£24m-a-day Shell profit fuels petrol price row

As the North Sea giants cash in on surging oil prices, is it time to tap more tax from upstream profits?
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The Independent Online

Shell, the Anglo-Dutch oil giant, yesterday inflamed the row over rising petrol prices by announcing profits of $35m (£24.3m) a day. In the three months to the end of September, Shell's profits increased by 80 per cent to $3.25bn, thanks to the surge in world oil prices.

Shell, the Anglo-Dutch oil giant, yesterday inflamed the row over rising petrol prices by announcing profits of $35m (£24.3m) a day. In the three months to the end of September, Shell's profits increased by 80 per cent to $3.25bn, thanks to the surge in world oil prices.

The City gave a lukewarm reaction, marking Shell's shares 4 per cent lower on the grounds that it had been expected to make even higher earnings. Elsewhere, however, the figures were like a red rag to a bull. Shell's figures, and the $3.5bn third-quarter profit BP is expected to announce on Tuesday on the back of $34-a-barrel oil, raise a simple question: Are the North Sea oil companies being taxed enough? Gordon Brown, the Chancellor, may answer that when he presents his pre-Budget Report to Parliament on Wednesday.

Mark Moody-Stuart, the chairman of Royal Dutch/Shell, sought to put its latest profits in perspective by noting: "These are exceptional results driven by exceptional oil prices. I have no doubt there will be leaner periods in future, just as there were in the past. After all it is less than two years ago since Brent crude fetched $10 per barrel."

But in today's fevered atmosphere, stoked by the self-appointed leaders of the self-styled People's Petrol Lobby, his pleas for a little more perspective are falling on deaf ears. Shell now makes 70 per cent of its profits from exploration and production. What could be fairer than taxing these upstream profits more heavily and using the revenues to finance a reduction in UK fuel duty?

Shortly after Labour came to power in 1997, it launched a review of North Sea taxes. Mr Brown received the results of the review in January, 1998. He would almost certainly have tightened the screw had it not been for two factors. One was the sudden and precipitous fall in oil prices. The other was the need to spike the guns of the Scottish Nationalists who, ahead of the elections to the Edinburgh Parliament, were campaigning on a ticket of "no more English tax on Scotland's oil".

The review was, therefore, reluctantly shelved some six months later. But September's nationwide protests over rising fuel prices - blamed by the Government on soaring oil prices - put the idea of a new tax on oil company "super profits" firmly back on the agenda even though the Energy Minister, Helen Liddell, has recently said we should not expect any changes.

On the face of it, the arguments for levying more tax on North Sea operators are very powerful. The UK produces more oil than it consumes but the Treasury now takes some £2bn a year less in tax from UK Continental Shelf oil production than it did in the mid-1980s when oil prices were broadly similar in real terms. Since 1990, downstream oil taxes have risen by £16.7bn so that they now account for 77 per cent of all revenues raised from petrol sales. At the same time, taxation as a proportion of upstream revenues has fallen by a third from 19.5 per cent to 13.5 per cent.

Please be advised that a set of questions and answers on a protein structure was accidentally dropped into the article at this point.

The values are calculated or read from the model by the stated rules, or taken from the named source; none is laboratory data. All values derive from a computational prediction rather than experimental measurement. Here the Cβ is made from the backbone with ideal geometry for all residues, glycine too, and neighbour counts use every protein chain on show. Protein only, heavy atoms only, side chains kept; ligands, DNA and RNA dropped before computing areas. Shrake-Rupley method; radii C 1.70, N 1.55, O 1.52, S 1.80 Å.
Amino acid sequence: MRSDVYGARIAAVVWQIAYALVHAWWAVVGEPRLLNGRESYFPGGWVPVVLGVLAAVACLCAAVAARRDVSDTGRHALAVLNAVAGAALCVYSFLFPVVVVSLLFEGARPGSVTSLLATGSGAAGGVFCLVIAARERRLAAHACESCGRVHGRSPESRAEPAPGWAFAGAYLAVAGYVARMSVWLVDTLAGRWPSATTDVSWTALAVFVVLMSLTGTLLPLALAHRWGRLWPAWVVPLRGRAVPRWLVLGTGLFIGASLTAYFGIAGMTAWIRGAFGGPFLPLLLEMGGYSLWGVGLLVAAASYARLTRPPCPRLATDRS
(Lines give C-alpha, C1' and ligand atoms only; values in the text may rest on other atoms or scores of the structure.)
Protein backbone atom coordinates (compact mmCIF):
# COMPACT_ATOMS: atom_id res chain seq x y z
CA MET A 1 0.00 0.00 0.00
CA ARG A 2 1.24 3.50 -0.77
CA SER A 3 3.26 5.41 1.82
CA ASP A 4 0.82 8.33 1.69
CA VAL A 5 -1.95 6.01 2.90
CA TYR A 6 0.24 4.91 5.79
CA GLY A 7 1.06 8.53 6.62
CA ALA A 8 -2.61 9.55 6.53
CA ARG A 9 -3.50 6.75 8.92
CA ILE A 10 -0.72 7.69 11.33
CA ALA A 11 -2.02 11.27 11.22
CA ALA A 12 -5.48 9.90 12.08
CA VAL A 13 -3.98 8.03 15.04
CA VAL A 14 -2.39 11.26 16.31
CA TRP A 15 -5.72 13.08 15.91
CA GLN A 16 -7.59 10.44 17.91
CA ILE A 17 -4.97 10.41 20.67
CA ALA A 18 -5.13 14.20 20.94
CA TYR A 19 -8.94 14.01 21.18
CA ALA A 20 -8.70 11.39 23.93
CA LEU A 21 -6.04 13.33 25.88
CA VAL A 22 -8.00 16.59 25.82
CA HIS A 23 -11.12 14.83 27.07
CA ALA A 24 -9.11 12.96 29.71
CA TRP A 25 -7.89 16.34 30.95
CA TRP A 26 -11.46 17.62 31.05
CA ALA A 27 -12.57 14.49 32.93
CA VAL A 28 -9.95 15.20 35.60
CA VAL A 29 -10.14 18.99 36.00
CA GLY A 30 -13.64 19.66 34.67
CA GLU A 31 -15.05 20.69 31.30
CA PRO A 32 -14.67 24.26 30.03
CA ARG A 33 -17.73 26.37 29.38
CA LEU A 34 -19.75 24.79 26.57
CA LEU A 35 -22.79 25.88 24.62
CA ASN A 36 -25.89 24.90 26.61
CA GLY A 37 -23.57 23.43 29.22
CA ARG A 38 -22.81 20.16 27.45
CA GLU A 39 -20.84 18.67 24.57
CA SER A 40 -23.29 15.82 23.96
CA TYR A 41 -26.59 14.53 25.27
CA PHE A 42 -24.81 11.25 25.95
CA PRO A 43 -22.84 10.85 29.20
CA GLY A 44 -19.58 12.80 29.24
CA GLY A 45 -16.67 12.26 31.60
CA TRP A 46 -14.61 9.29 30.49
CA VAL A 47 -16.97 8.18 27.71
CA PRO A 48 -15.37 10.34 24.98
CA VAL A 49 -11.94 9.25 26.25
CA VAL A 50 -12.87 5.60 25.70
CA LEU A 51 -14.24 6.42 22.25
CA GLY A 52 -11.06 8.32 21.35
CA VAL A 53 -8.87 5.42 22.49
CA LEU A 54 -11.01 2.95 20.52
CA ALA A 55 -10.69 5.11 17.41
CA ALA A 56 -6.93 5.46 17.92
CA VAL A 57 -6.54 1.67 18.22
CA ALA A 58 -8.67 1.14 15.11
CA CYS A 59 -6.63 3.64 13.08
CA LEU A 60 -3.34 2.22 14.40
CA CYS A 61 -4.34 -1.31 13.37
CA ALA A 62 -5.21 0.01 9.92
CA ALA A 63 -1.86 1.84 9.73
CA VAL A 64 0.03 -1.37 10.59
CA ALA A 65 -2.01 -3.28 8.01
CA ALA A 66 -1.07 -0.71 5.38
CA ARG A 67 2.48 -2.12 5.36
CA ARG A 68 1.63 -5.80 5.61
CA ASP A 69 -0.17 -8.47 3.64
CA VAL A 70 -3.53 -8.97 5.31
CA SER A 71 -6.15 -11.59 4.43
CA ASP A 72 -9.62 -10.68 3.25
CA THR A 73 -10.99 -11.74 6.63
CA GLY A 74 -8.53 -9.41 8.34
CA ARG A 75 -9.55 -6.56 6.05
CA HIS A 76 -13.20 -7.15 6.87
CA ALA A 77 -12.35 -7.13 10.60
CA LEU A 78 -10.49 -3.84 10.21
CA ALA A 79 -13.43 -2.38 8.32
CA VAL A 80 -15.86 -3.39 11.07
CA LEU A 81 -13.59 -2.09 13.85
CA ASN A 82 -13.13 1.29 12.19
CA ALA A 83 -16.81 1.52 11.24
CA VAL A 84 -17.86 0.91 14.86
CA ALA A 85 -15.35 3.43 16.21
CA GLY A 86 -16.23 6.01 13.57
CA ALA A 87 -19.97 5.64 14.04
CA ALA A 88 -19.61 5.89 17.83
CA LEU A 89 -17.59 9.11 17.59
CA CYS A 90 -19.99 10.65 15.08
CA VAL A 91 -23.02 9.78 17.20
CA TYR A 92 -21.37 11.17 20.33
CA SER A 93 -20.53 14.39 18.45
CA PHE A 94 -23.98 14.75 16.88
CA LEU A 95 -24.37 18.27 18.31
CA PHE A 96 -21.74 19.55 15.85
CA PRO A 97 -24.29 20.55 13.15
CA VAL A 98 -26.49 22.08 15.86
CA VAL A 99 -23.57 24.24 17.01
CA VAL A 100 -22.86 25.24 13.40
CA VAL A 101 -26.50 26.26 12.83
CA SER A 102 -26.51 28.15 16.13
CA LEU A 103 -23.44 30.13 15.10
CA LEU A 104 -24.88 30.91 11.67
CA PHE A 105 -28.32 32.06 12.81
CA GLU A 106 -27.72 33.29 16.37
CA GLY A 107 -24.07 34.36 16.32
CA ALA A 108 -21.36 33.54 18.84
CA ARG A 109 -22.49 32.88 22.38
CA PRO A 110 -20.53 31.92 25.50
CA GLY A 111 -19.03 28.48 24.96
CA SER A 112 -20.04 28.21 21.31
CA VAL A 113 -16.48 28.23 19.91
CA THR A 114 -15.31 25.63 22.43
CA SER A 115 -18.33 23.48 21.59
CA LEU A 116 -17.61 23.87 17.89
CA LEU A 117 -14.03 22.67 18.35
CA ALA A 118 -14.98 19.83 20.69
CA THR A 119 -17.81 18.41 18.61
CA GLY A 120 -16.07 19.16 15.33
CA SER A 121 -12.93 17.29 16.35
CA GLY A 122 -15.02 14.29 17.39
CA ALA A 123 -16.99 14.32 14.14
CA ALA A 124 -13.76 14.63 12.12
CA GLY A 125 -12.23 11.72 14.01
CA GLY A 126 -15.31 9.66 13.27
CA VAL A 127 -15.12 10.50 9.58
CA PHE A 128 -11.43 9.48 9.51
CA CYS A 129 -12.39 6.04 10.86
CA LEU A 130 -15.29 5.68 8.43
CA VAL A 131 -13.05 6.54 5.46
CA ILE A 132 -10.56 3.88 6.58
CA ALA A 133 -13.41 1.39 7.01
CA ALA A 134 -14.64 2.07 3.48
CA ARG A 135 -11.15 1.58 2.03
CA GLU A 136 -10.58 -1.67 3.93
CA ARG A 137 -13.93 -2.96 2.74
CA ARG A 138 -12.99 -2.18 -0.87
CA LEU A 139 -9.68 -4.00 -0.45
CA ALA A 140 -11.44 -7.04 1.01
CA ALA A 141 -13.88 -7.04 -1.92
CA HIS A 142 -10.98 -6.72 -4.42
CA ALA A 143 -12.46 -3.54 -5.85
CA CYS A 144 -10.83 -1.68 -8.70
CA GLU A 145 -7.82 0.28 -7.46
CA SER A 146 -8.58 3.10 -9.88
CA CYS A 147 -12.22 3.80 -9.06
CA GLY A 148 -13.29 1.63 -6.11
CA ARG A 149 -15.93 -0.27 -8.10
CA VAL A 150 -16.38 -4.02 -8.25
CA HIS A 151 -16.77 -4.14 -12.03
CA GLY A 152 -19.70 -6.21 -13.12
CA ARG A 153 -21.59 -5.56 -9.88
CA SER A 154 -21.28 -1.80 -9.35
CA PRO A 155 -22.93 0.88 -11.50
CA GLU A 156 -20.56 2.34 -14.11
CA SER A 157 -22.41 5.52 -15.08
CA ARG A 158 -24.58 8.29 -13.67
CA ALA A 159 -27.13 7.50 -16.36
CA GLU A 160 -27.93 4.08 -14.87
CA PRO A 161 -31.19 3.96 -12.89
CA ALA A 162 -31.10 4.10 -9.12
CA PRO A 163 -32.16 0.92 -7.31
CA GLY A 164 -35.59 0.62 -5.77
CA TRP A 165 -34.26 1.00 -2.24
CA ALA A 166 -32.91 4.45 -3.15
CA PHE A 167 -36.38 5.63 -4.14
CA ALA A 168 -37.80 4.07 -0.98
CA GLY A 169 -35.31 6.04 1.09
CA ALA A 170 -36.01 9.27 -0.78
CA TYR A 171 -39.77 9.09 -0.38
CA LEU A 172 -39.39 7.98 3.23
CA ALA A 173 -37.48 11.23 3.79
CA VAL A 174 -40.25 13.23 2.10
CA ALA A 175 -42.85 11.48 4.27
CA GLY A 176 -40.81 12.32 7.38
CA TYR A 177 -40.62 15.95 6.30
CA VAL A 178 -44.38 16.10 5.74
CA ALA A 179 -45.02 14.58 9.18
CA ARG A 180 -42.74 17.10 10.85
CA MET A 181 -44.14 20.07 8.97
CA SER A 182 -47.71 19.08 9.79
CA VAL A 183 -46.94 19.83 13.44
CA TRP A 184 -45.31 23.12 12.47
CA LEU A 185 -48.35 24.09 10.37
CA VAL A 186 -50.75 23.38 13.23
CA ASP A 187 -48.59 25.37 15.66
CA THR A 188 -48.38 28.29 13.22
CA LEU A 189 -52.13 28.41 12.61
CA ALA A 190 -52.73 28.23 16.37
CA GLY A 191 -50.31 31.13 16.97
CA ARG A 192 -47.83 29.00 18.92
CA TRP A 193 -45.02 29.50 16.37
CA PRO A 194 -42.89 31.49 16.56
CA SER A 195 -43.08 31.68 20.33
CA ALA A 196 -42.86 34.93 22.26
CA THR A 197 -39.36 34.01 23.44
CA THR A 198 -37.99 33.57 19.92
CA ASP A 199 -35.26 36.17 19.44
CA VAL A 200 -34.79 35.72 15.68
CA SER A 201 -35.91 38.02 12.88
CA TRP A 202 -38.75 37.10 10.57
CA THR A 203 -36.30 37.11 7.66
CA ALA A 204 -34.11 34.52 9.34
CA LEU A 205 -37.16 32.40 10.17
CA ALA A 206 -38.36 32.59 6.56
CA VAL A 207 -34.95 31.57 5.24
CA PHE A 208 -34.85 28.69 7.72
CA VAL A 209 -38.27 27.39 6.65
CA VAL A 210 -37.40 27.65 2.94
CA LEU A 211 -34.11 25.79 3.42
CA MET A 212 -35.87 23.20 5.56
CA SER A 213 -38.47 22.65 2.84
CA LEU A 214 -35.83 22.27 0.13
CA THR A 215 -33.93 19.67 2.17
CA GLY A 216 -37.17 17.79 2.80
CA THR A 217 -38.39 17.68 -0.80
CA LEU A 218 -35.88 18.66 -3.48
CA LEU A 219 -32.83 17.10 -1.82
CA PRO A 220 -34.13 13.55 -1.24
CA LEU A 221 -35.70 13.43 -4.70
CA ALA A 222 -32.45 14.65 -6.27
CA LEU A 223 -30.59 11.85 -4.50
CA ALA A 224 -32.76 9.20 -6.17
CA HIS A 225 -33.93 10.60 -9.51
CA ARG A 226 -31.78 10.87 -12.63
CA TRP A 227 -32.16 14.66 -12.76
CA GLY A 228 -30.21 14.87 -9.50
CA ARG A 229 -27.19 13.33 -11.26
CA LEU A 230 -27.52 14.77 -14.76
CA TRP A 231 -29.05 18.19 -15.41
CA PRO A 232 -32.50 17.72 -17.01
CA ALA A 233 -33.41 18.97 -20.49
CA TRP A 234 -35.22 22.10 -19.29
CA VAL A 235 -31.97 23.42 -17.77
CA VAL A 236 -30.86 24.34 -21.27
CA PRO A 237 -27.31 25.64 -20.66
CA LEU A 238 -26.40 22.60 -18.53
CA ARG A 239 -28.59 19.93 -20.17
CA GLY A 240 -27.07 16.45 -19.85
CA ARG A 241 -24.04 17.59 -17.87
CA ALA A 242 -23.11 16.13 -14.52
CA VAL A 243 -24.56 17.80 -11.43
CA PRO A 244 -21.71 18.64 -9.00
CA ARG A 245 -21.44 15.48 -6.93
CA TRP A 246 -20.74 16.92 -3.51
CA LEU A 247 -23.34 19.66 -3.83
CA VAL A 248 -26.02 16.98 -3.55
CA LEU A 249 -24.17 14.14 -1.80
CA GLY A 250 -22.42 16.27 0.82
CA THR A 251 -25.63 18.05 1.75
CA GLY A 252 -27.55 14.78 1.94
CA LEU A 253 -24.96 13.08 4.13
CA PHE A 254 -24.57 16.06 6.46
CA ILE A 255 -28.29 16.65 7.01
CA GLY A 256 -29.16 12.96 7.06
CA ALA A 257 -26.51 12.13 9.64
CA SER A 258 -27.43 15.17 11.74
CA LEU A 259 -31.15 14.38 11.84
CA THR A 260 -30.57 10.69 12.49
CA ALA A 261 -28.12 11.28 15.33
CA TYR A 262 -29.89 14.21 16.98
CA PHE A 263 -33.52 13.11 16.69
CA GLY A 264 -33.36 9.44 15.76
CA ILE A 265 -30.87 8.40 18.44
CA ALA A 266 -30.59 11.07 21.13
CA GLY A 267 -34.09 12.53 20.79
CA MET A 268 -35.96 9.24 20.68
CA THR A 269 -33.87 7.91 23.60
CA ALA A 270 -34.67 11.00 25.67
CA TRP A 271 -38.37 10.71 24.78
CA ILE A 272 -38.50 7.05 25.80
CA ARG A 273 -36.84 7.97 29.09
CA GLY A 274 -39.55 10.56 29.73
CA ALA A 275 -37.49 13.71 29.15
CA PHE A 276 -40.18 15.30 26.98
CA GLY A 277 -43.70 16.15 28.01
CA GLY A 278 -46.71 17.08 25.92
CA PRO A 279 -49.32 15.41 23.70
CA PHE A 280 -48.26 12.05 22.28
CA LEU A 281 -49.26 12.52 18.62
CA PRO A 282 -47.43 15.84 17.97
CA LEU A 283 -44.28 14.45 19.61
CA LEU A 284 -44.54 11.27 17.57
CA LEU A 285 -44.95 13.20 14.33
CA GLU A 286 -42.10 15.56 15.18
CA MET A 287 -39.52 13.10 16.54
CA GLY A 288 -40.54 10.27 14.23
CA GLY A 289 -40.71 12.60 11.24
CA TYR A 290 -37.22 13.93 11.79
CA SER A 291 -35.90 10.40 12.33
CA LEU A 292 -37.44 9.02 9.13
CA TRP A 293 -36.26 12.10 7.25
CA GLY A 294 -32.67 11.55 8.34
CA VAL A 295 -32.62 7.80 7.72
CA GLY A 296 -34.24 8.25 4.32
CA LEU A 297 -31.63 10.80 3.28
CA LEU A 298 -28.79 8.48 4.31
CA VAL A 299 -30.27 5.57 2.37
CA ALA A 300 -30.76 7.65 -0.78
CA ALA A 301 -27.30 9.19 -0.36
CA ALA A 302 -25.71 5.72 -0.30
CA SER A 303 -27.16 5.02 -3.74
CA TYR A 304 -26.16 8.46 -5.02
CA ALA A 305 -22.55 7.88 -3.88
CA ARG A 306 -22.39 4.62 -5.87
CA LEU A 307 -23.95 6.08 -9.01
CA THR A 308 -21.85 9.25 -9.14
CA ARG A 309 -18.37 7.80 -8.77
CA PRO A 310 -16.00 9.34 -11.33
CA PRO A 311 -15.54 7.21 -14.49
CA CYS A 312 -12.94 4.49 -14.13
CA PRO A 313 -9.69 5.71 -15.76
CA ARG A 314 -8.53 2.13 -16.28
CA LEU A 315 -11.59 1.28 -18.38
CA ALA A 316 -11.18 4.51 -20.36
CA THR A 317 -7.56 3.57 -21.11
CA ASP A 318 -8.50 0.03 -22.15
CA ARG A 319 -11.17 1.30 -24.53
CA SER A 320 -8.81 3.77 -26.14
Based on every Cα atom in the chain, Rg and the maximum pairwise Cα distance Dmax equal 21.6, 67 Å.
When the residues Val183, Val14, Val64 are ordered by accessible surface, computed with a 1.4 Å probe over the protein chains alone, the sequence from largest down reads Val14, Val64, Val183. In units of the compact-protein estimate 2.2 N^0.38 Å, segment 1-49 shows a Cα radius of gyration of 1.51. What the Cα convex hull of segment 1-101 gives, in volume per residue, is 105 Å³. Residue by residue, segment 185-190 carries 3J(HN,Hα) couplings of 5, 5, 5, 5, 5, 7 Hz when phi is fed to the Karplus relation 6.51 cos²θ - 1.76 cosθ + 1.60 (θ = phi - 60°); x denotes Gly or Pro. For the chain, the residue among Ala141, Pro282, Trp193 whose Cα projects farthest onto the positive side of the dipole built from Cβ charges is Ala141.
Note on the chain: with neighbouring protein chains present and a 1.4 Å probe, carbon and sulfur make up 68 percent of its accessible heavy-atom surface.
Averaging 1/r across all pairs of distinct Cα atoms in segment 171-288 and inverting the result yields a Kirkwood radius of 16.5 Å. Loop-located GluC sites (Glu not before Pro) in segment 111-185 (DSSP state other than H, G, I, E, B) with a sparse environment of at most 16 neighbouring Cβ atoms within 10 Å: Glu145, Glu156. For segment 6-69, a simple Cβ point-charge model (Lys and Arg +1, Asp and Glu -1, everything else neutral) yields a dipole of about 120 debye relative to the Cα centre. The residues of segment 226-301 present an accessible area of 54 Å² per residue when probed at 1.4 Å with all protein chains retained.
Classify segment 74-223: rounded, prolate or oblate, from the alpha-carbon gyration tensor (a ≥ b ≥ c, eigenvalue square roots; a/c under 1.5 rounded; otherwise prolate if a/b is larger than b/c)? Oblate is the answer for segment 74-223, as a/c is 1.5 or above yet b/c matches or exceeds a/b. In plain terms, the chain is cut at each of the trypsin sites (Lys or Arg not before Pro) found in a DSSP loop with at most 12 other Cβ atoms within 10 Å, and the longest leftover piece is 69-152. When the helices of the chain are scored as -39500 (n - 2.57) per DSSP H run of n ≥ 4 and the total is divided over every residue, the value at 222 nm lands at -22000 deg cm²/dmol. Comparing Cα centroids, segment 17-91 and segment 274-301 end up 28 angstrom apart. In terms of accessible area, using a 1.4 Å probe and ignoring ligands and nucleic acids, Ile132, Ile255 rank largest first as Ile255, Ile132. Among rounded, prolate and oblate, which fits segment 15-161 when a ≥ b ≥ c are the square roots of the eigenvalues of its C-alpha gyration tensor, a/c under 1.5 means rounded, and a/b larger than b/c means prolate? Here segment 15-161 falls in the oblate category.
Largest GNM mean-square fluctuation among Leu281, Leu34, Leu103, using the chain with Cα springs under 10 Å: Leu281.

This is largely because of the chipping away of the tax base itself. A former Tory chancellor, Norman Lamont, abolished Petroluem Revenue Tax on all new fields in 1993 and cut PRT on existing fields from 75 per cent to 50 per cent. A decade earlier his Tory predecessor, Geoffrey Howe, had abolished the 12.5 per cent levy on all new fields. The principal form of taxation on oil companies now is mainstream Corporation Tax.

The argument against increasing North Sea taxation is that the oil majors would simply vote with their feet and take their drilling rigs elsewhere. Digby Jones, director-general of the Confederation of British Industry, sums it up when he says: "These companies are very internationally mobile and if you make it unattractive for oil companies to be in Scotland, they will go to the Gulf of Mexico or Alaska.

"Now is the time to encourage these companies to come to Britain, not to discourage them. I wouldn't risk it and I hope Mr Brown doesn't risk it."

The likes of BP and Shell also argue that higher taxes would make it uneconomic to stay in the North Sea because the province is mature and therefore most fields awaiting exploitation are small by international standards and more costly to develop.

Philip Wright and Ian Rutledge of the University of Sheffield, who have studied the subject extensively, dispute this, arguing that the infrastructure which is already in the North Sea, allied to the new production techniques being developed, actually make it a relatively cheap production area. They have also argued that, of those companies operating in the North Sea, the profitability of their UKCS fields is 1.6 times that of their non-UK operations.

"We believe the Government was wrong to shelve its plans for a new tax regime in 1998," say the two academics.

"The arguments for holding off at that time were largely spurious - there never was any question of the tax burden being increased at a time of low prices. Rather, a new regime could have been introduced to capture a fair share of super-profits as prices rose.

"The largely production-related windfall which should have accrued to the UK government since the late Eighties has already been lost. If the Government does not act swiftly, another windfall, this time largely price-related, will get away as well."

We do not have to wait long to see whether Mr Brown heeds these words.

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